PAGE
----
Module topics include the natural progression of dementia and how to recognise when deterioration is due to dementia versus delirium, recognising when a person with dementia is approaching the EOL, goals of care (GOC) plans and discussions, symptom management including management of pain, breathlessness, not eating or drinking, and terminal restlessness, communicating with residents and their families, and staff wellbeing when a resident dies. Further details on the modules can be found in Table 1.
Each module has been designed to take approximately 15-30 min, and participants can access the training program at their discretion throughout the study timeframe. There will be no limit on the number of times staff access the training program. The training program can be accessed on a desktop computer, laptop, tablet or smartphone.
Modules 1–3, 6–9 and 11 have been designed for personal carers as the targeted learners; and Modules 4 and 5 have been designed for nurses as the targeted learners. Module 10 has been designed for all care home staff.
Personal carers (or PCAs) will be expected to complete at least 5 of the modules – Modules 1–3 and 10, and one symptom management module (Modules 6–9). The remaining modules on goals of care discussions, goals of care plans, and staff well-being will be recommended for them to complete. Nurses will be expected to complete the two goals of care modules and the communication module. All other modules will be recommended for nurses to complete. The aim is for 80% of staff to complete the ‘expected to complete’ modules.
The modules will be published in HTML5 (scorm 1.2) located on a learning management system (LMS) hosted by Kontent Labs propriety system . The amount of usage (hits and time spent) will be collected via the LMS.
Implementation of the intervention
The implementation of IMPETUS-D has been guided by the Consolidated Framework for Implementation Research (CFIR) , the UK Medical Research Council process evaluation framework , and the Expert Recommendations for Implementing Change . Due to the complexity of this large multi-site study, an implementation plan has been developed to increase the likelihood of successful implementation of the IMPETUS-D program. See Additional file 1 for outline of the implementation strategies that will be conducted as part of the study.
Three local Project Coordinators will be appointed, one in each city, to assist in the day to day running of the project including recruitment of RACF staff and implementation and data collection activities throughout the project timeline. The Project Coordinators will be nurses with experience working in residential care. They will receive training on the project data collection methods and implementation activities to ensure a standardised approach.
The IMPETUS-D program will be implemented over a 2-month training period during which time we anticipate most targeted staff at the intervention sites will complete the training program. During the training period Project Coordinators will actively engage with staff to promote and encourage their participation in the program, including sending weekly reminder texts and emails and attending staff meetings in-person where uptake is low. The 2-month training period will be followed by 12 months of prospective data collection of primary and secondary outcomes.
Figure 1 outlines the Schedule of enrolment, interventions, and assessments for the IMPETUS-D study.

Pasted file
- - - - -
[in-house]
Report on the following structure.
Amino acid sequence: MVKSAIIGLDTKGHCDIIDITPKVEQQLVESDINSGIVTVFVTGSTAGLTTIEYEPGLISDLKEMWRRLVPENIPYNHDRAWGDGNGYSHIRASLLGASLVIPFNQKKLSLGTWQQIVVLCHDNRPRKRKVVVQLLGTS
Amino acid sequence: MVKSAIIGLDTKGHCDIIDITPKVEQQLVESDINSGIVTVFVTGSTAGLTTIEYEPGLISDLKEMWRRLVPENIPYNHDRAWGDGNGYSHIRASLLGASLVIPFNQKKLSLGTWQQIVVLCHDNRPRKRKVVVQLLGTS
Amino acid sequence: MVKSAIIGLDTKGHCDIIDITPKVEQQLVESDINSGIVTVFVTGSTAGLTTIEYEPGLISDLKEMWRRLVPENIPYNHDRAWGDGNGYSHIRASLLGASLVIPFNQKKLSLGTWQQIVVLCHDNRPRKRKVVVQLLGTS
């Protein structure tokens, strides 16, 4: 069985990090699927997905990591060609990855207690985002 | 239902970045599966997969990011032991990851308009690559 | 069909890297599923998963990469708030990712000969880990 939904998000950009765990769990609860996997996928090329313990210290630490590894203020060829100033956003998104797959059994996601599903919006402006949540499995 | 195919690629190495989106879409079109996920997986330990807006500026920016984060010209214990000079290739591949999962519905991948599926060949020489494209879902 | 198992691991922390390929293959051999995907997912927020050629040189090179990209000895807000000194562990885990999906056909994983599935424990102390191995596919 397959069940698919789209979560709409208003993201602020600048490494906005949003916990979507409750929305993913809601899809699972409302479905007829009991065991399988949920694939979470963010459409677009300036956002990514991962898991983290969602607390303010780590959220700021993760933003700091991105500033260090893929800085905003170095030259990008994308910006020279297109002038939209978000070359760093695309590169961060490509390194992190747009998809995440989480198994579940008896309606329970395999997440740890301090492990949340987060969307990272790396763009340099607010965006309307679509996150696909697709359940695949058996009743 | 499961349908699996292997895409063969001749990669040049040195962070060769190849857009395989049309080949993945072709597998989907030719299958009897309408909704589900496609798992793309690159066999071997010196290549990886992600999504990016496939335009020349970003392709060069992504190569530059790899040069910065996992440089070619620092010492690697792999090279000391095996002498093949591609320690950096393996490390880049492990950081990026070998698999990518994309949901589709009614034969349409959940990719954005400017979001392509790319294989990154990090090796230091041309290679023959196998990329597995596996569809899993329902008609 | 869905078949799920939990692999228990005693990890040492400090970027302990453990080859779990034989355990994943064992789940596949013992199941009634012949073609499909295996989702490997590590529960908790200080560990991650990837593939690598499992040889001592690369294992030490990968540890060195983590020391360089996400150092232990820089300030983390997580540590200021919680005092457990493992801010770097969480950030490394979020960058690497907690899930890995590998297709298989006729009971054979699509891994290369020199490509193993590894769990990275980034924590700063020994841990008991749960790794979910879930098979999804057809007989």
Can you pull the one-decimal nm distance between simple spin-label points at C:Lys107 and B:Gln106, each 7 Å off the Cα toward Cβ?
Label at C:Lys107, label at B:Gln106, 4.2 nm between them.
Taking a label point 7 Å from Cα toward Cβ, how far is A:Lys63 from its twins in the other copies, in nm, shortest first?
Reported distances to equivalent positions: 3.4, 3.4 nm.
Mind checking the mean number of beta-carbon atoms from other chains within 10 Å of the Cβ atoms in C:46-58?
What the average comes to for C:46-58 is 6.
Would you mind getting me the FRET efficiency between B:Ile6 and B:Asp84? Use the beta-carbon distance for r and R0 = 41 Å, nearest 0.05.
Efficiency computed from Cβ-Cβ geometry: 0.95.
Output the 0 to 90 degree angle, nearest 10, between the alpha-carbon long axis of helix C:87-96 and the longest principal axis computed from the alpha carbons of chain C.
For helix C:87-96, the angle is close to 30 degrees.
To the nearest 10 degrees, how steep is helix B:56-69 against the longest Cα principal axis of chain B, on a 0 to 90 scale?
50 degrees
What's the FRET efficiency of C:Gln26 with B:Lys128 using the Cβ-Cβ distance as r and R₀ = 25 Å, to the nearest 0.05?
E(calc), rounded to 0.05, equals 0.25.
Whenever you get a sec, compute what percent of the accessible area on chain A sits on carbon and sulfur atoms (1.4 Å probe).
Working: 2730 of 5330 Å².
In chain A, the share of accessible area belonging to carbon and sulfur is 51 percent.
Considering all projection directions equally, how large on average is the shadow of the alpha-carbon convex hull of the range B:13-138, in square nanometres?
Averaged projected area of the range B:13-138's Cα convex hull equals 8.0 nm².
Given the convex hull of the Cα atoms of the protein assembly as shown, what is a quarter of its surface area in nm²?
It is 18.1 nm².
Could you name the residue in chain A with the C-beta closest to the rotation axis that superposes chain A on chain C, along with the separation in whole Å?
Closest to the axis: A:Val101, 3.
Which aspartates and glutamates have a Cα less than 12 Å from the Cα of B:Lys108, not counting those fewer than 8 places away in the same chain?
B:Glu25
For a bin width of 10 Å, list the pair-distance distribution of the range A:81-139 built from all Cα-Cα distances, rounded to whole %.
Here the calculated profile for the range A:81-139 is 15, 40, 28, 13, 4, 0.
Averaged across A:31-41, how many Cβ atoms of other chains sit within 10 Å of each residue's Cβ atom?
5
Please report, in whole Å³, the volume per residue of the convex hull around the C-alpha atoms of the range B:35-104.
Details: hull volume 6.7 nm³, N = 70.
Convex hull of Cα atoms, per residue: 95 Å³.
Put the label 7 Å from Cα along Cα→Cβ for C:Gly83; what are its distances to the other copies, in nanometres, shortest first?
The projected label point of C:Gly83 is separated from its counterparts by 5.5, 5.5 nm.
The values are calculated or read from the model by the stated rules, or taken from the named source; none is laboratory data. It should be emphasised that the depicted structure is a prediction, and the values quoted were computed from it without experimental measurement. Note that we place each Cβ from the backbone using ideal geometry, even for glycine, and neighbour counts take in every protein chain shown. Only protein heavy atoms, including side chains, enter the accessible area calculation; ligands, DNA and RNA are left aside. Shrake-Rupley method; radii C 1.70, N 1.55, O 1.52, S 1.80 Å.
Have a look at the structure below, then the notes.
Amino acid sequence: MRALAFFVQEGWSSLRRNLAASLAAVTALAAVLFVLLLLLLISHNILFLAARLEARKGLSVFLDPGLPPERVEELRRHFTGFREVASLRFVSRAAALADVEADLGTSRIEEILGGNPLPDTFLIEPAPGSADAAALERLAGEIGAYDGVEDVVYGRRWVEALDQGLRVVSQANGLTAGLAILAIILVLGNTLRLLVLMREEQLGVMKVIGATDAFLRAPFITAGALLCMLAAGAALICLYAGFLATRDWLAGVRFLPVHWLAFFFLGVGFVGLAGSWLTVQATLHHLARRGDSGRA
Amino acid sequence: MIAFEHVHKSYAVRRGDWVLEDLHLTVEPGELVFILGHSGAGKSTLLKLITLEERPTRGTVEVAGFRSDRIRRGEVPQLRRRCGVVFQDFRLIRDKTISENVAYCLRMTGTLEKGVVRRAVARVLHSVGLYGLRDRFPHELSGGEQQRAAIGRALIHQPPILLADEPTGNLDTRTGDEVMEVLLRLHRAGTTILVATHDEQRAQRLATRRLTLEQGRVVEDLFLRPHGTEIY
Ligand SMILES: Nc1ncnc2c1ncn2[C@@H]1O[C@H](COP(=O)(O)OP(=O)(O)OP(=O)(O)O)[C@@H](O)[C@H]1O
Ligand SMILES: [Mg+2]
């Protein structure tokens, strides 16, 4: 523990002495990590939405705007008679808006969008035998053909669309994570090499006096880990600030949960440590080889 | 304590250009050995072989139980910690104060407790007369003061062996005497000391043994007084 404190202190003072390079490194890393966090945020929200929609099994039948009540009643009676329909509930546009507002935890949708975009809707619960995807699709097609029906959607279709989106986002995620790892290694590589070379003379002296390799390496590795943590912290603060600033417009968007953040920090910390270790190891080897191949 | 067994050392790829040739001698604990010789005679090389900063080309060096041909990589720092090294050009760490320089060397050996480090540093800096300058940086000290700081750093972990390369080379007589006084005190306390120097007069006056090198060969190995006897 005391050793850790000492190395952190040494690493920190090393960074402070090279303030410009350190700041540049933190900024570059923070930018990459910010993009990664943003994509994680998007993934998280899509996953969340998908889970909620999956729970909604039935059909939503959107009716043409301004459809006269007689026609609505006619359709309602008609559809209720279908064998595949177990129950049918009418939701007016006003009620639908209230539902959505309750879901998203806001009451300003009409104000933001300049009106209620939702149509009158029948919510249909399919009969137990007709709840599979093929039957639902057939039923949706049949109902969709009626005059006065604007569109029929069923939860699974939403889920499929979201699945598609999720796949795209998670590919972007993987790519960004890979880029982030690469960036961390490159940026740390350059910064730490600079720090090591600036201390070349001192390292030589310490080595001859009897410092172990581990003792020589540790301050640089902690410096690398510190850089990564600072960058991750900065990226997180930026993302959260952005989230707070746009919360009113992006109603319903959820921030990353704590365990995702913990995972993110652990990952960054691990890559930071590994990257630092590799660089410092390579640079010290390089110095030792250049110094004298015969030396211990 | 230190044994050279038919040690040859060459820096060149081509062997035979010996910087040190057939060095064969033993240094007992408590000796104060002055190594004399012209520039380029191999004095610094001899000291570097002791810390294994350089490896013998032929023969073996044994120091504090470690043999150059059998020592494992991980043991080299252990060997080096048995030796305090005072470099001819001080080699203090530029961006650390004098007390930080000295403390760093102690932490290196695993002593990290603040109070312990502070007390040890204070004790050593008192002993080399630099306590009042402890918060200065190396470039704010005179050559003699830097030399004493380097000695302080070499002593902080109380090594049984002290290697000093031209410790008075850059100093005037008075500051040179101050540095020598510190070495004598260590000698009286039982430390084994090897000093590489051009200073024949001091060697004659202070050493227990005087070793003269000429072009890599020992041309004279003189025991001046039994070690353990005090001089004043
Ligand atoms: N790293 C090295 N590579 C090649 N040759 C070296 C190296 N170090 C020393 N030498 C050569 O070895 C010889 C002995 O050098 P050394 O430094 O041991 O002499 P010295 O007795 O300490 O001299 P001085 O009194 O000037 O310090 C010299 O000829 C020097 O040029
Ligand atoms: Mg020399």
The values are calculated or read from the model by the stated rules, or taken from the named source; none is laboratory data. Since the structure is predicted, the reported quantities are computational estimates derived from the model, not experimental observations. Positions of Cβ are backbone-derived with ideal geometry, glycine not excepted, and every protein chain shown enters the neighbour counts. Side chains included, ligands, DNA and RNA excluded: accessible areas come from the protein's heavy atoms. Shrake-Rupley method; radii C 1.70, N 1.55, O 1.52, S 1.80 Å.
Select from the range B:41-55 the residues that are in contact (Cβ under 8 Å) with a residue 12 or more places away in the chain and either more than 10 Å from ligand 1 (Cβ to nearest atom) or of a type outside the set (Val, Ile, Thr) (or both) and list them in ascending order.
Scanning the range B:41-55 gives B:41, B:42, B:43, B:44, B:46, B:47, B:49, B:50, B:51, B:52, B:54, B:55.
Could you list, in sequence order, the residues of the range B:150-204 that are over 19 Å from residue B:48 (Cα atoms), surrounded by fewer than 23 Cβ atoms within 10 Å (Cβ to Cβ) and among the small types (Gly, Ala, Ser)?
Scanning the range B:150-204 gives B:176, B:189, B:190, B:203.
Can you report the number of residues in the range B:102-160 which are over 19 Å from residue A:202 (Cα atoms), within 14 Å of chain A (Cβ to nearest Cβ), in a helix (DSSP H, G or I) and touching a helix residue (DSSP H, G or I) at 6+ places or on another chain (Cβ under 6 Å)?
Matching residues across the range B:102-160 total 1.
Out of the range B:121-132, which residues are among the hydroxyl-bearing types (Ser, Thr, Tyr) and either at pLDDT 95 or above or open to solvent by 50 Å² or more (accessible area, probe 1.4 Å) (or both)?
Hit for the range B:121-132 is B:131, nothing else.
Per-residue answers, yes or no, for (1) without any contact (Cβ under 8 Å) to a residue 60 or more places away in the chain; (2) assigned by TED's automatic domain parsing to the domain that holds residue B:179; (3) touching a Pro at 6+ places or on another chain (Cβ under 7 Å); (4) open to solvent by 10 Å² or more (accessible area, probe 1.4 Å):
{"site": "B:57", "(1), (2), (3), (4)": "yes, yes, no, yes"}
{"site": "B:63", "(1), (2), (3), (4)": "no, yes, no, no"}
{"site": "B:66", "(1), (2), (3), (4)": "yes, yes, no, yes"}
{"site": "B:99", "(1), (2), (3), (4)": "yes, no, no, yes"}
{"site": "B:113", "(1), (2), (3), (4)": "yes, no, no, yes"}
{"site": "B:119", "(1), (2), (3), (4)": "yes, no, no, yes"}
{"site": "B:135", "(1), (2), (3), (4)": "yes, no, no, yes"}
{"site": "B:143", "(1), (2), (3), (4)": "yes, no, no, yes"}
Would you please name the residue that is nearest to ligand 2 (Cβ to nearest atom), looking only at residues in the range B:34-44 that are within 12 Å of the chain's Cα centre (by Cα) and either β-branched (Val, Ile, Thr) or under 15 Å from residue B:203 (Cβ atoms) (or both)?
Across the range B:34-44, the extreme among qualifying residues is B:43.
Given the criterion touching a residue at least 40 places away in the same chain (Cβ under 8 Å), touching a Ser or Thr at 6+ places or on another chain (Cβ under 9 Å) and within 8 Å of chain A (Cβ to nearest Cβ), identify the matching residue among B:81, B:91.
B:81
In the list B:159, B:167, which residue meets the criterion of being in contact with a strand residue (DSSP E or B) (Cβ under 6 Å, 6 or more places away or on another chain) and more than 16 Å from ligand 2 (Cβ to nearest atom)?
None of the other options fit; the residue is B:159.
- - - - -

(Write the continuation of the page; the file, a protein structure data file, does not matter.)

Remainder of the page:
Staff from RACFs in the control group will not receive the IMPETUS-D training but will be able to receive usual training opportunities which includes training that may be provided by the facility or health care professionals visiting the facility, or may involve no training during the trial timeframe.
The primary composite outcome measure is: 20% reduction in proportion of hospital transfers or deaths in hospital over 6 months in the intervention group (IMPETUS-D) compared to the control group.
Secondary outcomes are:
Proportion of hospital transfers or deaths in hospital over 12 months
Proportion of hospital transfers over 6 and 12 months
Proportion of deaths in RACF over 6 and 12 months
Uptake of Goals of Care plans over 6 and 12 months
Change in knowledge and attitudes about palliative care for people with advanced dementia following training and at 6 months follow up
Discrepancies between the implementation plan and its operationalization
Intervention activities that took place and who conducted the intervention activities
Uptake of the training program: proportion of PCAs and nursing staff at the intervention sites who completed the training - number of logins, time spent on each module, number of modules completed
Qualitative research measures
Improved staff and family perception of and satisfaction with care
Acceptability of the intervention
Barriers to uptake of the IMPETUS-D training program
Enablers to uptake of the IMPETUS-D training program
Table 2 summarises the data collection methods that will be undertaken to collect primary and secondary outcome measures and baseline resident demographic and clinical data.
Resident demographic characteristics and clinical information, including whether an advance care plan (ACP) or GOC plan is in place, will be collected from the RACF resident files. During the follow-up period, any changes in uptake of ACP or GOC plans and whether they were adhered to in relation to transfers to hospital and place of death will be extracted from RACF files.
RACF staff’s knowledge and attitudes about palliative and EOL care for people with dementia will be assessed at baseline, immediately after the training period and at 6-months follow-up using the Questionnaire on Palliative Care for Advanced Dementia (qPAD) . The qPAD is a validated 2-part instrument consisting of 23-item knowledge test and 12-item attitude scale.
Primary outcome data
Unplanned transfers to hospital, including the primary reason for transfer, and deaths of residents, date of death and place of death (RACF, hospital, other) will be extracted from the RACF files throughout the 6- and 12-month follow up period.
Participants and recruitment